Choosing a cellular provider
It’s a trivial task, but it’s better to be prepared in advance and go through the websites of major mobile operators (Vodafone, 2Degrees, Spark) to compare tariffs and see the promotions. Save time when you arrive.
I chose 2Degrees for the most part because of the opportunity to use the Internet for free one hour a day using their special application Data Clock, and their prices were more pleasant than those of competitors.
Points of interest and useful places
Attractions and useful places in Rotorua, you can mark in advance on Google maps, so when you arrive you will know the location of the main objects of your interests. I marked the locations of the right bank, cell phone store, hostel, real estate agency, supermarkets. Also, don’t forget to download the right sections of Google maps so you can use them offline.
What you need to do after you arrive
Upon arrival at the airport, if you have U.S. dollars in cash with you, you can immediately change a small amount into local New Zealand dollars. A hundred or two hundred NZD is enough for the first couple of days, the rest of the money you can exchange at any bank in Rotorua at a favorable rate.
After you have settled in your temporary accommodation be prepared to spend the first twenty-four hours in a “crumpled” state. A long flight and a drastic change of time zones is not uncommon. Allow your body time to recover and then hit the road.
The only public transportation in Rotorua is green buses. There are 12 routes in total; look for the numbers next to the ticker above the driver’s side window. For timetables, fares and other information on city transportation, visit the official website.
Buses almost always arrive right on schedule. Pay special attention to the fact that the buses run until about 6:30 pm. This was quite unexpected for us and we had to walk back from the store at 7pm.
The fare is paid to the driver at the entrance and in cash only, but this is the most expensive fare. If you want a lower fare, buy an electronic Smart ride card from the driver for $10. This money is put on the card balance, and you can immediately pay for your ride. Then you can recharge the card from any driver, but at least $10. Remember to show your student ID before paying for your ride for an additional discount.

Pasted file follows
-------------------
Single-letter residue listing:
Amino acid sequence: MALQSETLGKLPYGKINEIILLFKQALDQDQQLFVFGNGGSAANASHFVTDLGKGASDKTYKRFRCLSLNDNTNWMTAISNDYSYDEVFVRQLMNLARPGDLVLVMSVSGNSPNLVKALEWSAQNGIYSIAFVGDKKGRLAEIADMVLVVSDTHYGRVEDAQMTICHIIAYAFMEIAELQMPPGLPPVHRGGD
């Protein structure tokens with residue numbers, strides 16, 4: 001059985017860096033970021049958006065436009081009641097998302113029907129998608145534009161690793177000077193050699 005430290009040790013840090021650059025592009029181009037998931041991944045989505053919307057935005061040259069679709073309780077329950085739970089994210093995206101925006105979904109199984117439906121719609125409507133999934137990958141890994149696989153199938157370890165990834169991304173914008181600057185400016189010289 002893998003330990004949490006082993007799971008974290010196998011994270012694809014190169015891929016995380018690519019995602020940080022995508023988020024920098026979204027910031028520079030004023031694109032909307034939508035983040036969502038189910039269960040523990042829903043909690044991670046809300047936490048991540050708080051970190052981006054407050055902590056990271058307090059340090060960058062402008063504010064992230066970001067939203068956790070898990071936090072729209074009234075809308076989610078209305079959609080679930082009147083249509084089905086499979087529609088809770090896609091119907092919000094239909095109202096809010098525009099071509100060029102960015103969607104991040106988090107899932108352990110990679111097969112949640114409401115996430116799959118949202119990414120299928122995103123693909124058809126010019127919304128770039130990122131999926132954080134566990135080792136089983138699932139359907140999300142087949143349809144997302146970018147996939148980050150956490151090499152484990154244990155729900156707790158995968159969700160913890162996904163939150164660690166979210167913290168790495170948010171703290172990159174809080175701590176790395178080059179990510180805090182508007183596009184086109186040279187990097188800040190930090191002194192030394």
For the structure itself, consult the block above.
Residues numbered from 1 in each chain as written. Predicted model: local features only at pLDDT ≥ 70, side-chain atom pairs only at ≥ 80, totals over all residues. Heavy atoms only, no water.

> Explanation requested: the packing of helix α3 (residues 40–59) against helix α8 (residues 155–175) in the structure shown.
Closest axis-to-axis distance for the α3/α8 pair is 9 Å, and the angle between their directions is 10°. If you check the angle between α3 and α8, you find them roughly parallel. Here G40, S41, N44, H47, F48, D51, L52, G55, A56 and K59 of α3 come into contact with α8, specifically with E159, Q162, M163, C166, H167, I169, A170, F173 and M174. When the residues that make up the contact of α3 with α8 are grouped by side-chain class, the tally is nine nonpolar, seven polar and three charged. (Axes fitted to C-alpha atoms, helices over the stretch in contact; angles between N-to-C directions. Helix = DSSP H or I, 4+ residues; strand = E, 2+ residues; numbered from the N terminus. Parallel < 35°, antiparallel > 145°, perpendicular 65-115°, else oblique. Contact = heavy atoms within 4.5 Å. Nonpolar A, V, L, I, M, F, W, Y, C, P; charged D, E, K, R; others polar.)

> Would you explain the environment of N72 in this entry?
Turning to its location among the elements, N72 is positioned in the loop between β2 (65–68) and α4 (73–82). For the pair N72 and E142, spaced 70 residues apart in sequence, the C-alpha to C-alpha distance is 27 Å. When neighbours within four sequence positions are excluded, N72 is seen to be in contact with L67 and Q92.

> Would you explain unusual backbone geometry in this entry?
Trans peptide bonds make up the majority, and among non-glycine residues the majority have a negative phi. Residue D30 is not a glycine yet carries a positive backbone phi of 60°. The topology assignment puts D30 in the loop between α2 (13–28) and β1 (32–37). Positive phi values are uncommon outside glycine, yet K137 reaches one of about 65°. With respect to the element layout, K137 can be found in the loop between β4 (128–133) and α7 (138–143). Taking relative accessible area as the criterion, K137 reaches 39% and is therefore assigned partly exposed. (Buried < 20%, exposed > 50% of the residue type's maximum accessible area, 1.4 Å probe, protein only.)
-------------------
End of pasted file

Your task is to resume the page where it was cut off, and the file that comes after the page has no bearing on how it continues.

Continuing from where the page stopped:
The Smartride card and the seemingly terribly confusing bus schedule.
Stores and malls
The Central Mall Rotorua area has all the stores, local cell phone companies, and banks you need. You can buy a SIM card, open an account or confirm your identity at a bank and do your grocery shopping in one place.
Groceries are best at the larger CountDown or Pak’n’Save supermarkets. Almost all non-grocery shopping can be done in The Warehouse (there in Central Mall Rotorua) or in KMart (1 km from the center).
To move around Rotorua comfortably, you can aim to buy a car right away. You can buy a car in satisfactory condition here for a very comfortable price – from 1000 to 2000 NZD. If you are not planning to buy a car, you can buy a bicycle. Riding bikes in Rotorua is very comfortable, almost all roads have a dedicated lane, plus many mountain bike trails and stunt parks. Don’t forget to buy a helmet as well, it is a must when cycling here.
Family bike rides in Rotorua are very popular.
Look for a car at https://www.trademe.co.nz/motors. There are plenty of them in Facebook groups, too, and they are easily found by searching for “rotorua cars” or “rotorua buy sell.” Choose the ones with a thousand or more people in them.
If you want to see cars in person right away, there is a permanent people’s auto market in Rotorua. They bring cars to it and leave them for viewing with data about the car, price and contact details of the owner. There aren’t many cars, but as an option to consider. The place is located here.